“The Bean Eaters” by Gwendolyn Brooks is a short poem with only 11 lines. The poetic devices that Brooks uses in “The Bean Eaters” shed light on poverty and give the reader a brief guided tour of an elderly couple’s humble life.
Imagery and Symbolism
Instead of filling the lines of “The Bean Eaters” with descriptions of despair and isolation, Brooks offers enough imagery to paint a picture of an old couple living in the back room of a home and their socioeconomic situation. She talks about the couple eating off chipped plates, using cheap flatware made of tin and dinner being a “casual affair.” Brooks writes that the couple spend their time putting things -- like dolls, beads, receipts, cloth and vases – away, giving the reader a sense of being in a small, crowded room filled with knickknacks. In addition to being a food that a reader may associate with poverty, the beans in the poem allude to the things that the couple do not have, like a bigger home, a bigger family, finer possessions and perhaps friends. The poet shares with the reader that the couple is old and yellow. However, she doesn’t explain if “yellow,” for example, is a racial reference, implies cowardice, describes the color of their clothes or is a health condition.
Rhyme and Meter
Just as the dinner in “The Bean Eaters” is casual, so is the rhyme scheme: AABA BCDC EFDF. While the poem resembles common meter because the second and fourth lines rhyme, it doesn’t have a formal, organized meter or even a metrical pattern. The lack of meter reflects the simplicity of the couple in the poem and their straightforward, familiar lives.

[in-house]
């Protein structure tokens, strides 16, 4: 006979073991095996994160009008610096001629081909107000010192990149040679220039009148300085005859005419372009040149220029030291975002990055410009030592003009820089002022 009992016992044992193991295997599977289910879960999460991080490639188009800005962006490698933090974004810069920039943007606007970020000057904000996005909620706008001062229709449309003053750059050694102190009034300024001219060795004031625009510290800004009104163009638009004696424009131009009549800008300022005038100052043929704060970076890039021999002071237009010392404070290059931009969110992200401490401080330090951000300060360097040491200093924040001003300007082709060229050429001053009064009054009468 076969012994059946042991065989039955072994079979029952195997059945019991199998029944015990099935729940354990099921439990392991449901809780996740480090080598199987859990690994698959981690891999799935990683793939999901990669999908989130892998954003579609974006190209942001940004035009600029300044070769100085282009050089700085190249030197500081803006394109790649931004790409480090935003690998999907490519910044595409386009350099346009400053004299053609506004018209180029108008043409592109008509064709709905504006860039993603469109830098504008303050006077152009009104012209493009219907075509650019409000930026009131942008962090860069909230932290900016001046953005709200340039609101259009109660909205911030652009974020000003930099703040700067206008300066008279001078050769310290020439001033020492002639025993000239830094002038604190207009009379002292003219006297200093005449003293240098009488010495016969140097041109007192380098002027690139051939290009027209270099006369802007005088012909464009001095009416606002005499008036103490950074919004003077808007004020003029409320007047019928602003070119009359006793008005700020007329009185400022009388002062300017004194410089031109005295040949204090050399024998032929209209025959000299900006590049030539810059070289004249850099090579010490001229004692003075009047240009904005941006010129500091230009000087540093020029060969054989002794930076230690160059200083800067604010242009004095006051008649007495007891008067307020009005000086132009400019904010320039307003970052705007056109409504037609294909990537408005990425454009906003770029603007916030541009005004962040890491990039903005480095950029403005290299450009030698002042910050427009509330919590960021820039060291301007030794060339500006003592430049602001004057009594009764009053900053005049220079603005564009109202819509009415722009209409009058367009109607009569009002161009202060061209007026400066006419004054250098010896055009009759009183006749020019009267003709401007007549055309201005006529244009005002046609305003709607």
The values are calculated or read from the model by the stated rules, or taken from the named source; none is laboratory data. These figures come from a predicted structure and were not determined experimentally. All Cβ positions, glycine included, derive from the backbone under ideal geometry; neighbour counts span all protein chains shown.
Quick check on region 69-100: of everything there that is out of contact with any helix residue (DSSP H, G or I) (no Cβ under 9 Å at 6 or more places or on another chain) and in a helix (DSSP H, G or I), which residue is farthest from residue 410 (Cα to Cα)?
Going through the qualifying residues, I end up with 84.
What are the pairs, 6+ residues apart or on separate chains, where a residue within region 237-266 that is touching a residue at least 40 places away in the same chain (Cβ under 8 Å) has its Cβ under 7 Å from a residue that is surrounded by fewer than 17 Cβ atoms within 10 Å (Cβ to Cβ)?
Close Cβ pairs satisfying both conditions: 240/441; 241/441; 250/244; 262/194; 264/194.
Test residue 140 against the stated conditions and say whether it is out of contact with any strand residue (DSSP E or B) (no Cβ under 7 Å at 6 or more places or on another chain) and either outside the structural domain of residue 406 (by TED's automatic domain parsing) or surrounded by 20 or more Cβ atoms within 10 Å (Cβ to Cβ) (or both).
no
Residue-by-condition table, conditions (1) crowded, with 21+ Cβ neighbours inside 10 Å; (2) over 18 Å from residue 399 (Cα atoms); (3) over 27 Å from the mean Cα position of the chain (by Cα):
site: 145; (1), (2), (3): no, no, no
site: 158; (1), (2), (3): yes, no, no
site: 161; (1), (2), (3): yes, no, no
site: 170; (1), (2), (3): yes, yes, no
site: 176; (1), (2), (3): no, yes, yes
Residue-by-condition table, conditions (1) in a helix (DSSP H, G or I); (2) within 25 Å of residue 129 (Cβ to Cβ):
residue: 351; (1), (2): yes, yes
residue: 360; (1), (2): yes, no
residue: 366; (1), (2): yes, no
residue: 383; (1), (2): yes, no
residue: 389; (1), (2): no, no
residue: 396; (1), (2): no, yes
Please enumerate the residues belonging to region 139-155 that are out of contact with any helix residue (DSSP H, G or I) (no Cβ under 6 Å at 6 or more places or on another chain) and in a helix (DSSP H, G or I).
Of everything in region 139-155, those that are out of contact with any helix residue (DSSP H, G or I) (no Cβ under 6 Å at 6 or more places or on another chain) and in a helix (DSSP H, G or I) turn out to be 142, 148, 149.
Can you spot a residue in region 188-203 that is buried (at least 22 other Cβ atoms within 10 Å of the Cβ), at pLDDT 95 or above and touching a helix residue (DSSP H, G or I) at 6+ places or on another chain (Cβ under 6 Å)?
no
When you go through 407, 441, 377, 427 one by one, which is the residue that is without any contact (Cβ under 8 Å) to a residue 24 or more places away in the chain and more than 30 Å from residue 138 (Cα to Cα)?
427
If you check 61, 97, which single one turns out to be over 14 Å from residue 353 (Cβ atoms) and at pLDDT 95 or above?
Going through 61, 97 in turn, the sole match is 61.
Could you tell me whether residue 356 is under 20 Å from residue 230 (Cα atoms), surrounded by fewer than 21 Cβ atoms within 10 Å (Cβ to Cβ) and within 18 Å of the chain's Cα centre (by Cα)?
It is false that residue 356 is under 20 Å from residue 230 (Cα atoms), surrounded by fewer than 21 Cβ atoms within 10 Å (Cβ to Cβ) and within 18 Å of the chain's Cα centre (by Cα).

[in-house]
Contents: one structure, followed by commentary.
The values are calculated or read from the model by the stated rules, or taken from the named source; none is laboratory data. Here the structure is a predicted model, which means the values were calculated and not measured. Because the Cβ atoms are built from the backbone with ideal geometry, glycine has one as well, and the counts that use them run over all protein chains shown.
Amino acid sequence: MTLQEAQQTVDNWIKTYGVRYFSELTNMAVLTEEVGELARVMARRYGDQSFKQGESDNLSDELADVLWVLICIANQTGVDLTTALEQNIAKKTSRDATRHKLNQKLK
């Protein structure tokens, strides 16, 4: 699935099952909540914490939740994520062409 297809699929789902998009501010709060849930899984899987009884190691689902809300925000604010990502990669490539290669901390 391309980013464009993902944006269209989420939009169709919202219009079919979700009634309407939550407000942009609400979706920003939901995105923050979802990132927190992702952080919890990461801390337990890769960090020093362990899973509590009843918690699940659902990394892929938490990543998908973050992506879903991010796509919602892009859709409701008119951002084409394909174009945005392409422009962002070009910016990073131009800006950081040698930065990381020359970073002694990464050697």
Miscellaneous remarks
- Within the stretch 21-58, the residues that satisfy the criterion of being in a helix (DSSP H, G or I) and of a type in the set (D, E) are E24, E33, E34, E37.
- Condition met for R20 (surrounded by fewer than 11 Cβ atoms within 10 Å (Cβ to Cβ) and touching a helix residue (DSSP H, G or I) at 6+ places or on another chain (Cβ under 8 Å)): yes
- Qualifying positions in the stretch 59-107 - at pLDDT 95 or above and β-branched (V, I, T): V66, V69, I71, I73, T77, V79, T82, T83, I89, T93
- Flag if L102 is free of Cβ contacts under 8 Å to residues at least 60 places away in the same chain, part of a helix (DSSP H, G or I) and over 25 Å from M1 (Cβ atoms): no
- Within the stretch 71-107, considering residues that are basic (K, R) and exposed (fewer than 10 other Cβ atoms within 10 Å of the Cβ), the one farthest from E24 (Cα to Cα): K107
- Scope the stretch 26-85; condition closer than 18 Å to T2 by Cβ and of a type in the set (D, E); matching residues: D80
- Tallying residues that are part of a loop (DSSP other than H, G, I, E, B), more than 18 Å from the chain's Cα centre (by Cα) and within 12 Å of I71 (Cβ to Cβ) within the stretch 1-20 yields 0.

Use of Repetition
The first and 11th lines in “The Bean Eaters” talk about the old couple eating beans. The repetition implies that beans are a staple in the couple’s diet because of their financial circumstances, not necessarily choice. Brooks uses the word “two” twice in a row, in the first lines of the second stanza. The repetition of the number tells the reader that the couple are a party of two and that they are the only members of their social circle. Brooks also repeats the word “remembering” twice in the last stanza, giving the reader the impression that the couple’s entertainment comes from reminiscing about their past “with twinklings and twinges.”
Allusion to ‘The Potato Eaters’
In the late 1800s, Vincent Van Gogh created a painting called “The Potato Eaters.” The painting depicts a family eating potatoes for dinner in a small, dark and crowded room. Van Gogh based the painting on a poor family of miners that he knew who had skin that resembled a dry, dusty potato after a day of work. (See Reference 4) The EMC Paradigm website notes that Van Gogh’s “The Potato Eaters” was the inspiration behind Brooks’ “The Bean Eaters.” Both works portray the hardships endured by minorities and the working poor.